01 Mar Before and After: 3 Client Websites We Transformed
From a photographer to a wedding planner to an events venue, these clients needed a new website design that yes, looked good, but also drove business.
Websites are your doorway to new business. A thoughtfully-designed, purpose-driven website makes all the difference. Up until recently, websites of this caliber were only available to businesses with big budgets and six-plus months to invest in the project.
Now, utilizing Squarespace’s infrastructure, a marketing agency like Hawthorn can focus on nailing the design, navigation, and content of a website, and get the job done on a smaller budget and shorter timeline than previously thought possible. The difference is that Squarespace essentially allows us to remove the need for a web developer by making the interface designer-friendly. It still took a solid number of months for our designers to ramp up in full with the help of our director of technology (who stays involved to build the navigation and UX), but the end result is a process that reduces complexity and cost, and lets us focus on designing a strong site that drives engagement and action.
Here, we spoke with Hawthorn Creative Manager Kristen Ritzenthaler to help us pick apart three recently completed website design projects – what was wrong before, how we addressed it, and why their business is better for it moving forward – in a “before and after” review.
The Professional Photographer
Photographer Amy Wellencamp’s website made visitors do too much work to find what they were looking for.
Main Goal: Make the information that people are seeking easier to find.
How We Did It: We focused on re-thinking and prioritizing the navigation on every page and designed around Amy’s three main customer “buckets.”
Kristen’s Take: “There was no cohesive story to Amy’s former website. The small images weren’t doing a good enough job showing off the amazing work she does. The site’s navigation wasn’t effective in getting people to where they needed to be. The menu was buried, and there was no way to scroll down and explore. We knew we had to address all that.
“For someone whose business is about her unique sense of taste, we knew it would be especially important to nail her aesthetic, so we started by putting together a mood board with a color palette, fonts, graphic inspiration, and more – and she raved about it. She has three big buckets of clients – senior portraits, weddings, and family shoots – so we positioned the website to showcase each of those things and gave each of them a landing page.
“In the end, it was about showcasing her already-amazing photos and letting the work speak for itself.”
The Event Planner
Ana Stefanovich of North Shore Weddings by Ana had a dated website that just didn’t do her work justice.
Main Goal: Modernize the website’s design and build around tasteful images that show off the quality of her work.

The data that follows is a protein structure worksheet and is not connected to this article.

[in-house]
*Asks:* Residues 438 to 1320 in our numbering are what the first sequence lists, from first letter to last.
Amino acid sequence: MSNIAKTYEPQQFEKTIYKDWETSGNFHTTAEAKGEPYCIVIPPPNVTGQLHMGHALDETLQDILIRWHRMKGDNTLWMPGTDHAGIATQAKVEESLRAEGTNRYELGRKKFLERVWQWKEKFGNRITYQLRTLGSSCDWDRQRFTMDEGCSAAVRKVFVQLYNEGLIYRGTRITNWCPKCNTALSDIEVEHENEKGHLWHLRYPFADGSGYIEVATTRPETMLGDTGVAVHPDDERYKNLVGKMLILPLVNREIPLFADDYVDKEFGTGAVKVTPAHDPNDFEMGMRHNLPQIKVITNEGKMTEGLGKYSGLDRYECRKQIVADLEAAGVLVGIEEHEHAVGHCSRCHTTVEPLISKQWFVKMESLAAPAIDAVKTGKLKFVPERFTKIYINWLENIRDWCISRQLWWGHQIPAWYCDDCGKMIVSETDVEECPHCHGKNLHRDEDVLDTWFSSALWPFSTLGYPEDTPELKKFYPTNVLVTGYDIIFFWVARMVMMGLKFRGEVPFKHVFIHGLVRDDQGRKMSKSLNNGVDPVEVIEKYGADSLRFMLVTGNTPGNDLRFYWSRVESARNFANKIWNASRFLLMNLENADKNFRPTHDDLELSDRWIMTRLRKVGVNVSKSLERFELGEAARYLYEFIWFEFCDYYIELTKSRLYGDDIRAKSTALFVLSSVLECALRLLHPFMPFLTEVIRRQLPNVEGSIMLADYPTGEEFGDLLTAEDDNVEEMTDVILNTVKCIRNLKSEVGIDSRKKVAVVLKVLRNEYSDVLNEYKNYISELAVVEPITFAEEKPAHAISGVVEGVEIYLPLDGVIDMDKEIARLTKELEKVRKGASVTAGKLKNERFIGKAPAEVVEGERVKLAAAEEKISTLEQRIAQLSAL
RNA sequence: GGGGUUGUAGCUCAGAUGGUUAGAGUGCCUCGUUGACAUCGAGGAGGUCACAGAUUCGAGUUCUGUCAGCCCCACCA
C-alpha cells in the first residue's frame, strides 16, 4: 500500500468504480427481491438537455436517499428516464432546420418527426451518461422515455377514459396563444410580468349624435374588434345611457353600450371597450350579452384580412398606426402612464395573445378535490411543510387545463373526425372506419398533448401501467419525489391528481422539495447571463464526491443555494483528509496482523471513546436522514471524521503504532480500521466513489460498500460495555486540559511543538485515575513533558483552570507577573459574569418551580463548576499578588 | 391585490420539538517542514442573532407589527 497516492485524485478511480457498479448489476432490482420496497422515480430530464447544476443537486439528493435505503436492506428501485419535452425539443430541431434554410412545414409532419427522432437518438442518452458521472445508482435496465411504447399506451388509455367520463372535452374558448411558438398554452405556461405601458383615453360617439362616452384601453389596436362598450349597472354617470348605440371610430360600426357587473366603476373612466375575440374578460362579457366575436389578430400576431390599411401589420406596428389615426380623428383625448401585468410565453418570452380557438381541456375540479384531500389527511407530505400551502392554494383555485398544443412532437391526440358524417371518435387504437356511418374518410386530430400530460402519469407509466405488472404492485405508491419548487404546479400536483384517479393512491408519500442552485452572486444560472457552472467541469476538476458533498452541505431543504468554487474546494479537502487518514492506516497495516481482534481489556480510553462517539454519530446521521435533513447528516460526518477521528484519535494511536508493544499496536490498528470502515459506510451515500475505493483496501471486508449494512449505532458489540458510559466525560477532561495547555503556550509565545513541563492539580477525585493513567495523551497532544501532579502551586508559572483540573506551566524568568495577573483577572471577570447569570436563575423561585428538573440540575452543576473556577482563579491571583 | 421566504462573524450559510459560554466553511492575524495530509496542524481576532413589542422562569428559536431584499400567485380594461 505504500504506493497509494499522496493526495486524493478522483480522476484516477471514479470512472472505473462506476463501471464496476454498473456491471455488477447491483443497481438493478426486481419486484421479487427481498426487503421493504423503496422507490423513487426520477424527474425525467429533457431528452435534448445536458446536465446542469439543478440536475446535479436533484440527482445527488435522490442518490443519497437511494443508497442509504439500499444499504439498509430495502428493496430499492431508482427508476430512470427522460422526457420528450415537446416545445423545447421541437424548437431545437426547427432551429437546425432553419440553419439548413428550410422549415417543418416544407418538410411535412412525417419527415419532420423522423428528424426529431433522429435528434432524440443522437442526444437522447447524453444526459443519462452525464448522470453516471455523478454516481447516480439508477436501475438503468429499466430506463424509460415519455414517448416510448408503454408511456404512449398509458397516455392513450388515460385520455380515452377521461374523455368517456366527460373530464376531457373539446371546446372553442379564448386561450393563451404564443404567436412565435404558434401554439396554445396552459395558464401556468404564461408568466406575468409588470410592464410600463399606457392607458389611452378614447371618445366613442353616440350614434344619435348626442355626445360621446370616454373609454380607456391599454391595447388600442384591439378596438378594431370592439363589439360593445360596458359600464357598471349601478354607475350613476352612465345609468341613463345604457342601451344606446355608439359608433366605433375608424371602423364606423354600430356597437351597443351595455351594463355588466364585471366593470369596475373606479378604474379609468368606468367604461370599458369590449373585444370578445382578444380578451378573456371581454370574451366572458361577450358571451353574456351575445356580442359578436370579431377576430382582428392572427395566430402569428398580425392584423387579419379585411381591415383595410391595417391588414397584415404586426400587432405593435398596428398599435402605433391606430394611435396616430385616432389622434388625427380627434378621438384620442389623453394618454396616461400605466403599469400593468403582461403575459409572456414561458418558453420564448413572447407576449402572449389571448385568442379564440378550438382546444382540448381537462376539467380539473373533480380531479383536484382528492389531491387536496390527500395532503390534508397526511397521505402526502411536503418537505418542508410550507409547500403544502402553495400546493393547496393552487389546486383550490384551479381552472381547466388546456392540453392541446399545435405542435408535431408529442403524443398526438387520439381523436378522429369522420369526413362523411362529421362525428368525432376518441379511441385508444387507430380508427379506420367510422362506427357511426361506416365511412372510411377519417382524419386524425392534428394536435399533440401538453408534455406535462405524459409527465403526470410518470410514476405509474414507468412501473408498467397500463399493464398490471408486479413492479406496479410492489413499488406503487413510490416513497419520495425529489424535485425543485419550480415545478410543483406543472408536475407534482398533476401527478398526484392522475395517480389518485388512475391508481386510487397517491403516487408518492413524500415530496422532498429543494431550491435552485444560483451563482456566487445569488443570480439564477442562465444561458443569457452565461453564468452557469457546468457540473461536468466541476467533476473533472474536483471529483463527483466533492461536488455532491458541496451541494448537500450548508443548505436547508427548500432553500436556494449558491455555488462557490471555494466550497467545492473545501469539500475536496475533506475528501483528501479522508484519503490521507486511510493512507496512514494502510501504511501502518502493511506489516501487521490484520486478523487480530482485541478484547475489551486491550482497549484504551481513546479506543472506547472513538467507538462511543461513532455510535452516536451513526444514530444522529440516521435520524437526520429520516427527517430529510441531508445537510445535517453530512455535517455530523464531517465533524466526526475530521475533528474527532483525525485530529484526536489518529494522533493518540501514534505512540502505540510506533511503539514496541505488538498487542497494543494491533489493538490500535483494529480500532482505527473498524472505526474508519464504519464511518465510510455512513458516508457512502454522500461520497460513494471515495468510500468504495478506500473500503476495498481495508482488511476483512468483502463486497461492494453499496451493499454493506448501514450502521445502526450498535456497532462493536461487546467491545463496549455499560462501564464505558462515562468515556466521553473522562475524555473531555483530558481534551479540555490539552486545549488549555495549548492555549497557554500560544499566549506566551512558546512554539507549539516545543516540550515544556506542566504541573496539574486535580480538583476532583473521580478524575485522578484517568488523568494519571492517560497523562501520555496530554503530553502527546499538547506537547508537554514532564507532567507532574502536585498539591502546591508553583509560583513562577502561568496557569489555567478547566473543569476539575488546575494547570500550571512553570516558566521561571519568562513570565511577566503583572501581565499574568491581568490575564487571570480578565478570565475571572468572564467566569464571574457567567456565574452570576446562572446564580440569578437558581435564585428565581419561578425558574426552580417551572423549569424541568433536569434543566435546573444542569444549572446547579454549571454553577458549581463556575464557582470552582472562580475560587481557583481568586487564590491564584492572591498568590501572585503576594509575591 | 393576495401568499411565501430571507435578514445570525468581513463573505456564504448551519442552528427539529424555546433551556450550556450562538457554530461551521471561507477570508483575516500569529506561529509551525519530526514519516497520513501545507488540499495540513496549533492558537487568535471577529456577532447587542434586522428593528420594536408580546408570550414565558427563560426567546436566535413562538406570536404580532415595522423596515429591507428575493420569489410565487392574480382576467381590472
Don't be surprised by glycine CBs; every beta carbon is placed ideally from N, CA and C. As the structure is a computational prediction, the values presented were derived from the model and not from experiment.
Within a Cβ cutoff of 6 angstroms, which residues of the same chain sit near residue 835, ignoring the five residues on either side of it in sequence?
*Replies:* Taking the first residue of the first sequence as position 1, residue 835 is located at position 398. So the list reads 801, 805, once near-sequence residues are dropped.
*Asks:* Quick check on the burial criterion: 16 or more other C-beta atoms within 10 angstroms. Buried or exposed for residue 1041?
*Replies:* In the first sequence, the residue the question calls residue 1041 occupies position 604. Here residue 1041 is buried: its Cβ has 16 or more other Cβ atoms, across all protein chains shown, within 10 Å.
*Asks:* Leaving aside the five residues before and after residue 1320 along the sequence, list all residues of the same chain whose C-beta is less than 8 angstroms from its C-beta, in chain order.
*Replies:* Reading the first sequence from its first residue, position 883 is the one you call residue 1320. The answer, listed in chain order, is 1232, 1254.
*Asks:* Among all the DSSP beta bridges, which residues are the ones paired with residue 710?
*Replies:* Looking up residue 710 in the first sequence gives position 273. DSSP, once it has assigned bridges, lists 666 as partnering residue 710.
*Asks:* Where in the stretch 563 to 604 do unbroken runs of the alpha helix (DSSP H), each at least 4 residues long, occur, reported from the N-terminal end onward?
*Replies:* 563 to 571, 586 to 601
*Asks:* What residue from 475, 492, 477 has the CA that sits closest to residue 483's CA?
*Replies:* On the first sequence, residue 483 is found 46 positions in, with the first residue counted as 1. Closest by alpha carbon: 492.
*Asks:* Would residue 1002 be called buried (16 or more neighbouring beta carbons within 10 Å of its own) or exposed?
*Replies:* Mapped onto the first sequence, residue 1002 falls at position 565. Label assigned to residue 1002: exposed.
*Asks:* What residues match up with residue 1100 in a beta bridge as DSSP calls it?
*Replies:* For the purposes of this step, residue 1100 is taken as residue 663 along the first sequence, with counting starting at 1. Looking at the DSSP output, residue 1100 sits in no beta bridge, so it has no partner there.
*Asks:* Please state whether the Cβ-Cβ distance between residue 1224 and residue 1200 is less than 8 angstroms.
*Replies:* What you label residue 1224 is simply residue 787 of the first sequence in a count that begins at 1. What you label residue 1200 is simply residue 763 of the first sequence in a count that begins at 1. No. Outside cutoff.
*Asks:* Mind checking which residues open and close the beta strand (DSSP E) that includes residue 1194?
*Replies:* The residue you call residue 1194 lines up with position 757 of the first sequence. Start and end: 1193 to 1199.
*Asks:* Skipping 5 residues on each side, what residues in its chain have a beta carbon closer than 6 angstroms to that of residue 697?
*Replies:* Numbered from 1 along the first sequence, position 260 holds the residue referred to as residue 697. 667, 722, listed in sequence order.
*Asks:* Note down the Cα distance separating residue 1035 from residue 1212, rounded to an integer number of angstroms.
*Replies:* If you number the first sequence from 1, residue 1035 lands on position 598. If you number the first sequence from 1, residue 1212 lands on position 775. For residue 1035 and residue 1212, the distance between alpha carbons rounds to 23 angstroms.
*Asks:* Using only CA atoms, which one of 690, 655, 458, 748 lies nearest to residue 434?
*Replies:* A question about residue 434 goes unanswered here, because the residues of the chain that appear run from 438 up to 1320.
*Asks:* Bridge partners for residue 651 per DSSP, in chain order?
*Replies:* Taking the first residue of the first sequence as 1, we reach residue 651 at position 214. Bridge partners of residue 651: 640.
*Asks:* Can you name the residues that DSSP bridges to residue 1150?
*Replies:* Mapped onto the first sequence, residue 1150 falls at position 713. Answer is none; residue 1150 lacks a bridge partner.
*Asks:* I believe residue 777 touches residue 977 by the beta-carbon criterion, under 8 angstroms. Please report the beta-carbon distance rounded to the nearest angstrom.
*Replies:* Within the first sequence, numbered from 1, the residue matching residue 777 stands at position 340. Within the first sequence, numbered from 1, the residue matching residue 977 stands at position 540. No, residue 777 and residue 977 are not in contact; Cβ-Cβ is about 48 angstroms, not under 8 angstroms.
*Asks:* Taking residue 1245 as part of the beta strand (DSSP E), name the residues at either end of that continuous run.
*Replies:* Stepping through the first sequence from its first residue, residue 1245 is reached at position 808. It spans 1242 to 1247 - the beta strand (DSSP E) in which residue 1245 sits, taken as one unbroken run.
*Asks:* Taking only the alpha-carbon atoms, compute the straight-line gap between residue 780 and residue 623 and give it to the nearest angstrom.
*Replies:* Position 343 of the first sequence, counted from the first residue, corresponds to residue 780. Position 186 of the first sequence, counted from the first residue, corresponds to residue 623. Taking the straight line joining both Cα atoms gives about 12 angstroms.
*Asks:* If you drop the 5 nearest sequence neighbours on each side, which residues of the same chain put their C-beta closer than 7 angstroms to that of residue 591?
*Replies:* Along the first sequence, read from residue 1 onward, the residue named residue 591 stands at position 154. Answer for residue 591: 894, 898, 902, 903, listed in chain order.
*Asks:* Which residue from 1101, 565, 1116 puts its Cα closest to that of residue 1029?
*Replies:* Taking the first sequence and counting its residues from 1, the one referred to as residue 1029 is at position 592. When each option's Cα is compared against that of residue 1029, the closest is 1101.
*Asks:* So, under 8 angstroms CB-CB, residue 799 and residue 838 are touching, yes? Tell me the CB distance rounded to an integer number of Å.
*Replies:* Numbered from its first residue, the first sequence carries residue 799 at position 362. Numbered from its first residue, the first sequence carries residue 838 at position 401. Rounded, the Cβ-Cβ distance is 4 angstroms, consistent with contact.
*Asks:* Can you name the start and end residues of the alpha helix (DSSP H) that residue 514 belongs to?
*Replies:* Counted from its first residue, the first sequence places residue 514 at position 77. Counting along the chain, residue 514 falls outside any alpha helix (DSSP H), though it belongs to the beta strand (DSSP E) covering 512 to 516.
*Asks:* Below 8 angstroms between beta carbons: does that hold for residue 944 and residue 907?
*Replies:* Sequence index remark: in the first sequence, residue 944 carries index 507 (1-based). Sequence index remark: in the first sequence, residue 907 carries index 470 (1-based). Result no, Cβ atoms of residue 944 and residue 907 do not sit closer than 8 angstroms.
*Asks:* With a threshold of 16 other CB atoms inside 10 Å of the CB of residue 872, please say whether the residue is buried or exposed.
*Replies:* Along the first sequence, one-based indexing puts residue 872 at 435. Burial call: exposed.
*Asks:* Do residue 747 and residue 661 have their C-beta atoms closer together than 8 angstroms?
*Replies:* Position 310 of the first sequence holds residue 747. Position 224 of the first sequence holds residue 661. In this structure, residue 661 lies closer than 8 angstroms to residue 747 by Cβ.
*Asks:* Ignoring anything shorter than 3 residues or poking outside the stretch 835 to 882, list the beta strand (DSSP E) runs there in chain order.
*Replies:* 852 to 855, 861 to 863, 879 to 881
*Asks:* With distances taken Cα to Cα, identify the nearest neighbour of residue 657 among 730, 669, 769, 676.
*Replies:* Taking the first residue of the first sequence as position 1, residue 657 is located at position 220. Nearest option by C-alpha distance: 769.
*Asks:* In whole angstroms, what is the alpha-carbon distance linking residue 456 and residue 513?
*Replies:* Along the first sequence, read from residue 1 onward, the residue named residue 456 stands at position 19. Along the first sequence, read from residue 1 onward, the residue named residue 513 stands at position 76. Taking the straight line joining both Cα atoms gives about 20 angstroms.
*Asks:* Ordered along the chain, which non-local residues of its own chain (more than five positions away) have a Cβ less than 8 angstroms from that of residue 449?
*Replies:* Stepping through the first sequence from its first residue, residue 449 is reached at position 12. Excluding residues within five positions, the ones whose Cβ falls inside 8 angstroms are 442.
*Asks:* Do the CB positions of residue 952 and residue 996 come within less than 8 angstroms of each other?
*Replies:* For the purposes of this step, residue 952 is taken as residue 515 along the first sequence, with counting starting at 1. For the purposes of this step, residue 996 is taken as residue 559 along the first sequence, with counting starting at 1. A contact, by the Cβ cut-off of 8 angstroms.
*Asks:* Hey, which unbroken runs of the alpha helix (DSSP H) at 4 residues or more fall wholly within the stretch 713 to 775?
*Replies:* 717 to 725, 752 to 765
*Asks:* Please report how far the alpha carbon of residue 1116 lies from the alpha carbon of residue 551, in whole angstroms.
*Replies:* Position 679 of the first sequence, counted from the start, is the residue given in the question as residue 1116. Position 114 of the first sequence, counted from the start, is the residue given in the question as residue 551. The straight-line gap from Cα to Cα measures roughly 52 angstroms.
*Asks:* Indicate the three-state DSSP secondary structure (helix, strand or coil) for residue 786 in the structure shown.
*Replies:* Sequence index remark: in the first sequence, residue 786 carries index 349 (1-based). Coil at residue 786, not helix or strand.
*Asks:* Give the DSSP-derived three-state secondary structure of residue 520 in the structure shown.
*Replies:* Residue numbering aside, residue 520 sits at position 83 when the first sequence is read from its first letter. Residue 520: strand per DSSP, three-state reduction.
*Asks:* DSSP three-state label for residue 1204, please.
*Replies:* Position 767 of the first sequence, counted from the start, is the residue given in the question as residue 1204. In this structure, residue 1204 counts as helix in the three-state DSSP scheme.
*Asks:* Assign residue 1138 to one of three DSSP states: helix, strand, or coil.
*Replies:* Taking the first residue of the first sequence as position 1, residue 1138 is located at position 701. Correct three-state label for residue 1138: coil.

How We Did It: We scrapped the textured background and refreshed the typography, colors, and navigation.
Kristen’s Take: “In a business as visual as event planning, our primary concern was that the images didn’t grab you. When she submitted all the new photos to us, we knew we could work with them – they were all Pinterest-worthy, Instagram-gold-level amazing. Truthfully, we were almost surprised, because her old site didn’t reflect this caliber of work. It was important to us to show all the looks she can pull off: classic estate weddings, rustic weddings, tent weddings. With the old site, you couldn’t really tell what her style was, because there were just one or two photos of each wedding. On the new site, we set up a gallery for each featured wedding so that visitors can go deeper and really explore her work.”
An Events Venue
Christmas House Inn & Gardens, a historic venue southeast of Los Angeles, had a website that was re-done just last year, but there was one problem: it didn’t have a homepage.
Main Goal: Give the website a proper homepage and a design that’s true to them.
How We Did It: We dug into the ins and outs of their business – who their customers are, how they see The Christmas House, and what the biggest revenue drivers are – and designed using their already-built brand guide.
Kristen’s Take: “Their current site, which was done last year, doesn’t look bad: There’s white space, no hideous fonts, and good images. The clunkiest thing about it was that it didn’t have a good homepage. The homepage is the weddings page. As a visitor, you had very little idea who they are or what they do.
“One of the venue’s main challenges is its name, The Christmas House. Naturally, people assume the venue has a strong link with the holiday, but the name is simply a carryover from the business’s beginnings more than a century ago. So, understanding that struggle, we wanted to reimagine the brand, and what we learned is that they already have a beautiful brand guide with elements, fonts, hand-script lettering – but none of it was incorporated into the site. It baffled us. So, in the redesign, we used those elements and made them a big part of the site.
“Finally, we tried to spotlight the key revenue drivers and make exploring the site a more immersive experience for visitors. It wasn’t all about visuals, either – we wrote all the copy and built it around an SEO keyword package.”